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Three CMEs in 2 Days
April 21, 2013

UPDATE: 04.21.13, second update

SOHO image of a CME The third coronal mass ejection (CME) in two days erupted off the sun in the direction of Mercury on April 21, 2013, at 12:39 p.m. EDT. This image of the CME, shown shooting off the right side of the image, was capture by the joint ESA and NASA Solar Heliospheric Observatory (SOHO). The sun is blocked in this image so its brightness doesn't obscure the solar atmosphere, the corona.
Credit: ESA&NASA/SOHO
› Larger image

Another coronal mass ejection (CME) has erupted from the sun, headed toward Mercury and NASA's Messenger spacecraft. The CME began at 12:39 p.m. EDT on April 21, 2013. Experimental NASA research models show that the CME left the sun at 625 miles per second and that it will catch up to the CME from earlier on April 21 before the combined CMEs pass Messenger. There is also chance that the combined CMEs will give a glancing blow to STEREO-A. The Messenger and STEREO mission operators have been notified. There may be some particle radiation associated with this event, which in the worst case scenarios can impact computer electronics on board interplanetary spacecraft. If warranted, operators can put spacecraft into safe mode to protect the instruments from the solar material.
 



UPDATE: 04.21.13, first update

The same region of the sun erupted with another coronal mass ejection (CME) at 3:54 a.m. on April 21, 2013. Experimental NASA research models show the CME left the sun at speeds of 550 miles per second. The models show that the CME will also pass by NASA's Messenger and the flank of the CME may graze STEREO-A. The Messenger and STEREO mission operators have been notified. There may be some particle radiation associated with this event, which in the worst case scenarios can impact computer electronics on board interplanetary spacecraft. If warranted, operators can put spacecraft into safe mode to protect the instruments from the solar material.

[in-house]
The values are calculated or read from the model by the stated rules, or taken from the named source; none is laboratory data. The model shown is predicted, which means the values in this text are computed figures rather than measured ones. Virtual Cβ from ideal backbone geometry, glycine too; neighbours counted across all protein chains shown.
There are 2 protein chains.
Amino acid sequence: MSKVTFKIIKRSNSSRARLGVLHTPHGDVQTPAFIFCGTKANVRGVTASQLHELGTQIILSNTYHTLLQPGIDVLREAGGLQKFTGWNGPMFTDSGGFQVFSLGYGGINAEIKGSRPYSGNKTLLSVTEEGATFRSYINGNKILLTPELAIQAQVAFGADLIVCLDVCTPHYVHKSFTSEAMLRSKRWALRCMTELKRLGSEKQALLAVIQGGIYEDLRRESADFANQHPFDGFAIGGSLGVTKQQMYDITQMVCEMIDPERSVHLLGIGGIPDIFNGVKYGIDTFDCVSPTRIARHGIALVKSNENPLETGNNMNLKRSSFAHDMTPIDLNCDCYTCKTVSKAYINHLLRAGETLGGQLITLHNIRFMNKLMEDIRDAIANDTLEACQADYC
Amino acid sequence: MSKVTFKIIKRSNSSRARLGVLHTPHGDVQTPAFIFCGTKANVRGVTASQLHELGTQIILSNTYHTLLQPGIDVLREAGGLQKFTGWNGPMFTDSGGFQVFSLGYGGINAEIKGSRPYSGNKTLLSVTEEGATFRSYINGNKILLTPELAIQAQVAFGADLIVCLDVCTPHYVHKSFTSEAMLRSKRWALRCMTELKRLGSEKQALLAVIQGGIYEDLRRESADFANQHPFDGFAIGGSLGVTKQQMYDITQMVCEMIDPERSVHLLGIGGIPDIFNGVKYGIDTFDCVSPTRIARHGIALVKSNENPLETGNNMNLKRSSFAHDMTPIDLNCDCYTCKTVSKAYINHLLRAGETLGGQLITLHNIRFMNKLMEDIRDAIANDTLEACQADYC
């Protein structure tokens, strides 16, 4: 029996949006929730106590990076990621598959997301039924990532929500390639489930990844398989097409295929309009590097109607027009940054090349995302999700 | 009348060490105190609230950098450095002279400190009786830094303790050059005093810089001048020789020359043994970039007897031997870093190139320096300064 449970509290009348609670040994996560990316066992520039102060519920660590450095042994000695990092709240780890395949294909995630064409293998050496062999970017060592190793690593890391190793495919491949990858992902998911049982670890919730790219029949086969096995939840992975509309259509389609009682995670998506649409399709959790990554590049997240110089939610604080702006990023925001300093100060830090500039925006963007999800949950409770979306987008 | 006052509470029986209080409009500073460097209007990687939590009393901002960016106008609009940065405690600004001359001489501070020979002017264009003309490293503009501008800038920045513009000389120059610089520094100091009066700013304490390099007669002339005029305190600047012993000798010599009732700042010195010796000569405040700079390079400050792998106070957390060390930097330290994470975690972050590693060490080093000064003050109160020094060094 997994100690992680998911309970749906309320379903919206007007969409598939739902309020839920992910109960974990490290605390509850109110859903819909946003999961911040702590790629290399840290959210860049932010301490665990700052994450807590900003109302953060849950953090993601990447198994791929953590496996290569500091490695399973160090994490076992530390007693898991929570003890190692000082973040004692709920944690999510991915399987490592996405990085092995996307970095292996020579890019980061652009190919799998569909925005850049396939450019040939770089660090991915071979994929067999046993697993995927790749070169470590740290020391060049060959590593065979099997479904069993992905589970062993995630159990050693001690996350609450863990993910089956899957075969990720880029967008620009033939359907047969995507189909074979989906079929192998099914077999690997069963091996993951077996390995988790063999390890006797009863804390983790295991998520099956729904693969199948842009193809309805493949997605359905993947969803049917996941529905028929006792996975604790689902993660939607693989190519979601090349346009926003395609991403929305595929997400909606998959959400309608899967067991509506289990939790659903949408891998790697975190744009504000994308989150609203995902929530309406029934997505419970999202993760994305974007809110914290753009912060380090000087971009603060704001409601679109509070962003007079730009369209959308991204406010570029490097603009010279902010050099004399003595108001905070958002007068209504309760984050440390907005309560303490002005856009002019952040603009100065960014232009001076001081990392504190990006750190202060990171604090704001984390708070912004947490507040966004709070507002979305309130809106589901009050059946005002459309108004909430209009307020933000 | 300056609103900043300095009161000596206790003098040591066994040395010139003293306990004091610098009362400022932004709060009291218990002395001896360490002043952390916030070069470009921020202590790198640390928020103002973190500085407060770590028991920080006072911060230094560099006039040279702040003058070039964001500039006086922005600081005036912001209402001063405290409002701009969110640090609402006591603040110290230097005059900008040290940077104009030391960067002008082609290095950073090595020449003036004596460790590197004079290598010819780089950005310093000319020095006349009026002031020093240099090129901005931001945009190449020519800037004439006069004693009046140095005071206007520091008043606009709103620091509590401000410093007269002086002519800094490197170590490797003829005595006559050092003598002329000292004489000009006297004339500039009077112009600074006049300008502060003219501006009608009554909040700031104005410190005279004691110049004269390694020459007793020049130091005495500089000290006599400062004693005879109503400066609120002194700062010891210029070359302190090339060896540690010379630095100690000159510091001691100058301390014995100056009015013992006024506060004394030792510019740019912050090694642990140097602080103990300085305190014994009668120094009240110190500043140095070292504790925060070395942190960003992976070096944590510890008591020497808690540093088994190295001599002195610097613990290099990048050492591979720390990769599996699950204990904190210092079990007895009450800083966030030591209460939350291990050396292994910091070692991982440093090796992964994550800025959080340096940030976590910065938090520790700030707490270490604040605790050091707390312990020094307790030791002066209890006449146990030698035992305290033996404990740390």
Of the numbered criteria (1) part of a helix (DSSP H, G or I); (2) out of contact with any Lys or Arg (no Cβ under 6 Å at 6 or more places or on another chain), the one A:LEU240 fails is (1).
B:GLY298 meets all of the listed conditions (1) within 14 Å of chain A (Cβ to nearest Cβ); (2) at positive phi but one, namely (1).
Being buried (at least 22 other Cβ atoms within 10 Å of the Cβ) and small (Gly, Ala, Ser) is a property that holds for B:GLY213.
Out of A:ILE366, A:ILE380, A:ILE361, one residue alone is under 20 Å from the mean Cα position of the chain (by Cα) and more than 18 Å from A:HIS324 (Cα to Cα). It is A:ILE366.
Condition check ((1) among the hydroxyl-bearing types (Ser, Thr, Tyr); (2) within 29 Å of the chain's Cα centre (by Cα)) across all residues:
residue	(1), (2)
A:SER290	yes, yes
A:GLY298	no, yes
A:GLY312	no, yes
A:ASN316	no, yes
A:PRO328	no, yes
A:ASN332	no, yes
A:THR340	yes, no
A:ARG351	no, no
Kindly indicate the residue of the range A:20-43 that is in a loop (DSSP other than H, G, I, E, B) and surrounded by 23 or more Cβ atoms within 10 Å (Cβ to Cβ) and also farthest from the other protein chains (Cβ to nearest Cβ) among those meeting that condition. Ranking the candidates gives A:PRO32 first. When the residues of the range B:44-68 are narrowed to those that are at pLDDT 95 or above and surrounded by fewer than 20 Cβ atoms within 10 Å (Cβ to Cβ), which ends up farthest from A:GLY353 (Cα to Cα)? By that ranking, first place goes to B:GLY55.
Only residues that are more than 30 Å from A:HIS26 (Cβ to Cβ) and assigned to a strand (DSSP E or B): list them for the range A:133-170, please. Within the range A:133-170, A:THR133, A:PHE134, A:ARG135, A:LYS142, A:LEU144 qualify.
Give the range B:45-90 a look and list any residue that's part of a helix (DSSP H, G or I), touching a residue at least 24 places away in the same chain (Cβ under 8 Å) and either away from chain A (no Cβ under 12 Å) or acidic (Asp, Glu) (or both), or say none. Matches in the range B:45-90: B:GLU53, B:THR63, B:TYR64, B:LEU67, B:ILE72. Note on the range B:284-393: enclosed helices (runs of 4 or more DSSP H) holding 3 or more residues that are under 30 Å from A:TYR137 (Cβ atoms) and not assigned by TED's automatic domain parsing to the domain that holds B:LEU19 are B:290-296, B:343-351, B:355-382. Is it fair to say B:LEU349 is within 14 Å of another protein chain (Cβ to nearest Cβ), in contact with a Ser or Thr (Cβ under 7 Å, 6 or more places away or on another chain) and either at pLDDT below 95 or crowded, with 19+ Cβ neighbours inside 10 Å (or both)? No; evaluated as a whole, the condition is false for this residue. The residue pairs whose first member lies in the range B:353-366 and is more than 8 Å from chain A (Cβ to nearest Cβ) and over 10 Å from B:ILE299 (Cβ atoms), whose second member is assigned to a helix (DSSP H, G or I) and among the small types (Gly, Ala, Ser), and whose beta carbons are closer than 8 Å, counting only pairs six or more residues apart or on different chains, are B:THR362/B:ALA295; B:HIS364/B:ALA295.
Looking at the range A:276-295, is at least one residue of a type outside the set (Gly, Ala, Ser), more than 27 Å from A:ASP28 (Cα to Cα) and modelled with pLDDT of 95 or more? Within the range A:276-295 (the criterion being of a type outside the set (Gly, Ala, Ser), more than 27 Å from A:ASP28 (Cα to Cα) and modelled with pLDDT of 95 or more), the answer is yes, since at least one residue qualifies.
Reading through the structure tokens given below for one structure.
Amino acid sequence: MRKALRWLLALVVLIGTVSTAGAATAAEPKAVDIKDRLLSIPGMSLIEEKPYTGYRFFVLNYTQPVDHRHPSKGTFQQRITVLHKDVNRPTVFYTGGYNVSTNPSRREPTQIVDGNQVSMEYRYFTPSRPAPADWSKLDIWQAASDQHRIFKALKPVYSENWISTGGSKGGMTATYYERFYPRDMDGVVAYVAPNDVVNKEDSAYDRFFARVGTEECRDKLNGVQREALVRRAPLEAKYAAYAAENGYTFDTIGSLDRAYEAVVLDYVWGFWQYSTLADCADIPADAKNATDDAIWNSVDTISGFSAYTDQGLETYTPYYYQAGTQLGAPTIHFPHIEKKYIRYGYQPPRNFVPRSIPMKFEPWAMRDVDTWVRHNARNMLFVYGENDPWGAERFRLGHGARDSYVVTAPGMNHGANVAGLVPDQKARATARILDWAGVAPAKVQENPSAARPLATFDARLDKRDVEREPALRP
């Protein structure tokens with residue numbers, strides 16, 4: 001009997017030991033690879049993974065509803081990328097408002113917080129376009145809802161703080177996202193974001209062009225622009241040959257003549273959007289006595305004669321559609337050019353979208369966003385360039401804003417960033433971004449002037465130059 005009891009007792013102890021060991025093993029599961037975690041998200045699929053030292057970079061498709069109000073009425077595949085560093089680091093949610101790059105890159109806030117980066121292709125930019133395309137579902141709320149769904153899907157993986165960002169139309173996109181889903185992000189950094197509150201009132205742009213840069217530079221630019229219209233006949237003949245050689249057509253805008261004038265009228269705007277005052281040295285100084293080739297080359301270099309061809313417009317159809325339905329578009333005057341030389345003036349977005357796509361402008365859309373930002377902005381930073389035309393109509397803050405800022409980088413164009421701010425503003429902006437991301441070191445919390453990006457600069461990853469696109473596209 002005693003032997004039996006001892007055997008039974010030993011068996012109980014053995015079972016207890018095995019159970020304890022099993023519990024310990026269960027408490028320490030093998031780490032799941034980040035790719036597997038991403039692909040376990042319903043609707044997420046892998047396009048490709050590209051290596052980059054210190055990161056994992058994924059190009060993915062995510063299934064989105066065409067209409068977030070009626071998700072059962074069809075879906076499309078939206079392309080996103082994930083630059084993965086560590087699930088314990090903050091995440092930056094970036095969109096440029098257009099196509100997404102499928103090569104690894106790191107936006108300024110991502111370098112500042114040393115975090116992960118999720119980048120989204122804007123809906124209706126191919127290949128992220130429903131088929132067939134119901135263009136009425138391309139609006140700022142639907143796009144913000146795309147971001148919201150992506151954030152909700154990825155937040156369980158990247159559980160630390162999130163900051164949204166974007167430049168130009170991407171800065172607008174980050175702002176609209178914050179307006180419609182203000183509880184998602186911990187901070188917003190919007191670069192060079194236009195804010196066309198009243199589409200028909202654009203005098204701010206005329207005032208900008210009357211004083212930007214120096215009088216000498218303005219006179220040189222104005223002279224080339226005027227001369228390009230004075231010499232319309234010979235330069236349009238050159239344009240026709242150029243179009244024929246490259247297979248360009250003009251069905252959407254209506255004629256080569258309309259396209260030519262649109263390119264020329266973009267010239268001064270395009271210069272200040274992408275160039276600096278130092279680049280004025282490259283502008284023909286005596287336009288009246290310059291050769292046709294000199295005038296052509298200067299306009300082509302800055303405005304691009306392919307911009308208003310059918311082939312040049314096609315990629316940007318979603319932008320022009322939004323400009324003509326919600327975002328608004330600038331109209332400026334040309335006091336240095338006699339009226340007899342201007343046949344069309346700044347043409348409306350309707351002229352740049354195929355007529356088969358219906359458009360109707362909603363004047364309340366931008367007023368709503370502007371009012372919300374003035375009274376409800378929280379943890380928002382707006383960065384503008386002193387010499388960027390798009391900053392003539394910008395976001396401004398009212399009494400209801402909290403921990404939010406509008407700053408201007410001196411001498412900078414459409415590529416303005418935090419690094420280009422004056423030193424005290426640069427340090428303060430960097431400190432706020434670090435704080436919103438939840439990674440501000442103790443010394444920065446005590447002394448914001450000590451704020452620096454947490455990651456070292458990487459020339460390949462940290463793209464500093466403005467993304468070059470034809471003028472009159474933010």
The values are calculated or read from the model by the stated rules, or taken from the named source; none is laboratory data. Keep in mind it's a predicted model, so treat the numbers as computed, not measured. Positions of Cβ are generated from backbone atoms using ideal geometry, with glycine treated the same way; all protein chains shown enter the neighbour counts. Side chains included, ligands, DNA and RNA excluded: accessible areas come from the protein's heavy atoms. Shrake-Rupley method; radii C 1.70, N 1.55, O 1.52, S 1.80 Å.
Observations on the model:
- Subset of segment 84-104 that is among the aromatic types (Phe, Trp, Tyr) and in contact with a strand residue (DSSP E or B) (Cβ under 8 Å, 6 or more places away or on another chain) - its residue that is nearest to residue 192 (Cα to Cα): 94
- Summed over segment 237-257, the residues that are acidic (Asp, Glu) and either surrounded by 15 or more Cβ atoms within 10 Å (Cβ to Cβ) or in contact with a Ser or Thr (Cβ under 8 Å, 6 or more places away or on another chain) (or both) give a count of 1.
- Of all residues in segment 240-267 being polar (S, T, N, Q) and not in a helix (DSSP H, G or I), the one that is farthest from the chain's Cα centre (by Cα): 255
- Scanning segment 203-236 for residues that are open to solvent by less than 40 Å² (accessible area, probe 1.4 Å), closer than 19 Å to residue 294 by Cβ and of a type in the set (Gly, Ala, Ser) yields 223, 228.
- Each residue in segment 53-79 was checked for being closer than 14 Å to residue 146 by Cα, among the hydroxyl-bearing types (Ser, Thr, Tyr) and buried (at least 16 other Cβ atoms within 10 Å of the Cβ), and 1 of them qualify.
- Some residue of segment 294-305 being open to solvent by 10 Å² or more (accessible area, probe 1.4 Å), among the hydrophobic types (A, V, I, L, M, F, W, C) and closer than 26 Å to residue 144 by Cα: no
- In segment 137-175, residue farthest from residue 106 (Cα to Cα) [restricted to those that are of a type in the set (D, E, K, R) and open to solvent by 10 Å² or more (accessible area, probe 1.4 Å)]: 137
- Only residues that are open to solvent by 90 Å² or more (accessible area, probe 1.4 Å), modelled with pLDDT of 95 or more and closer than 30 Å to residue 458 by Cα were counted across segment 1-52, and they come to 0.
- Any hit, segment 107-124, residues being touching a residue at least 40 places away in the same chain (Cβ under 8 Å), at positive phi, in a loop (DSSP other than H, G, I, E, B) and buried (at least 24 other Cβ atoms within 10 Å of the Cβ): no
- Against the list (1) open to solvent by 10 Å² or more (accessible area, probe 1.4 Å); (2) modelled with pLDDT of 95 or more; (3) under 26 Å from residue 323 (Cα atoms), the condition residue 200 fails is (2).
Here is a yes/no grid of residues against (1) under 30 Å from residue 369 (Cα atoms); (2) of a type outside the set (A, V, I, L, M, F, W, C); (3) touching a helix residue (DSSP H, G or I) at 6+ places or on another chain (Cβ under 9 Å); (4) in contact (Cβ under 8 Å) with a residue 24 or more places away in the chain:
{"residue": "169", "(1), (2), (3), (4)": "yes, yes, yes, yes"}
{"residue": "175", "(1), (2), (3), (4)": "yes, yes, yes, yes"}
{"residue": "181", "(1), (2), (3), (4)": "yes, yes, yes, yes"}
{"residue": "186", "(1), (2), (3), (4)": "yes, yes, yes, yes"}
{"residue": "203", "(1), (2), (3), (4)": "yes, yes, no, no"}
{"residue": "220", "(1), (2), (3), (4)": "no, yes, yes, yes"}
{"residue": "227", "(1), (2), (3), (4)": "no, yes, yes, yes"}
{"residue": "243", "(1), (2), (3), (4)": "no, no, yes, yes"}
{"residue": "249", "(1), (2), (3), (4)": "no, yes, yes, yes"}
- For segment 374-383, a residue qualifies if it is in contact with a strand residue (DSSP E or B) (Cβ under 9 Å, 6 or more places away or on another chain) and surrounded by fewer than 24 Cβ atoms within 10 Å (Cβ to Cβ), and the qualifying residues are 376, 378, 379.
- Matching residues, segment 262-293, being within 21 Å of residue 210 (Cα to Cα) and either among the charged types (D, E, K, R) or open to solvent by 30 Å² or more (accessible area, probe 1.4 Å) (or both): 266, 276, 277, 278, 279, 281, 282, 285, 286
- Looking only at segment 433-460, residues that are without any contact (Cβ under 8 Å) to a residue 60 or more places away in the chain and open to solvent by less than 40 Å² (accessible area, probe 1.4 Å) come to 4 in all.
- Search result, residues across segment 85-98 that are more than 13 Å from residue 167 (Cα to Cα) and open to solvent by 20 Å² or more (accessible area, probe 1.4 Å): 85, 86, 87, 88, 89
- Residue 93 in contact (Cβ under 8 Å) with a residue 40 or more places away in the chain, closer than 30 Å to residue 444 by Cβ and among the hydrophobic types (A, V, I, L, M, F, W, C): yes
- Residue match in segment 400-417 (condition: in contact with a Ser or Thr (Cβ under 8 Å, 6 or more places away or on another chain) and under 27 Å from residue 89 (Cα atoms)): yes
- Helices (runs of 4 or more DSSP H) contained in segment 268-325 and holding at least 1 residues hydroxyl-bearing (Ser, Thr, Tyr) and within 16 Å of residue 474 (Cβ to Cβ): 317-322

Updates will be provided as needed.





SOHO image of the sun This image of a coronal mass ejection (CME) was captured at 7:30 a.m. EDT on April 20, 2013. The CME is headed in the direction of Mercury. The large bright spot on the left is Venus.
Credit: ESA&NASA/SOHO
› Larger image

On April 20, 2013, at 2:54 a.m. EDT, the sun erupted with a coronal mass ejection (CME), a solar phenomenon that can send billions of tons of solar particles into space that can affect electronic systems in satellites. Experimental NASA research models show that the CME left the sun at 500 miles per second and is not Earth-directed. However, it may pass by NASA's Messenger and STEREO-A satellites, and their mission operators have been notified. There is, however, no particle radiation associated with this event, which is what would normally concern operators of interplanetary spacecraft since the particles can trip computer electronics on board. When warranted, NASA operators can put spacecraft into safe mode to protect the instruments from the solar material.
 



What is a solar flare? What is a CME?

For answers to these and other space weather questions, please visit the Spaceweather Frequently Asked Questions page.

Related Links

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Karen C. Fox
NASA's Goddard Space Flight Center, Greenbelt, Md.

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Page Last Updated: April 1st, 2014
Page Editor: Holly Zell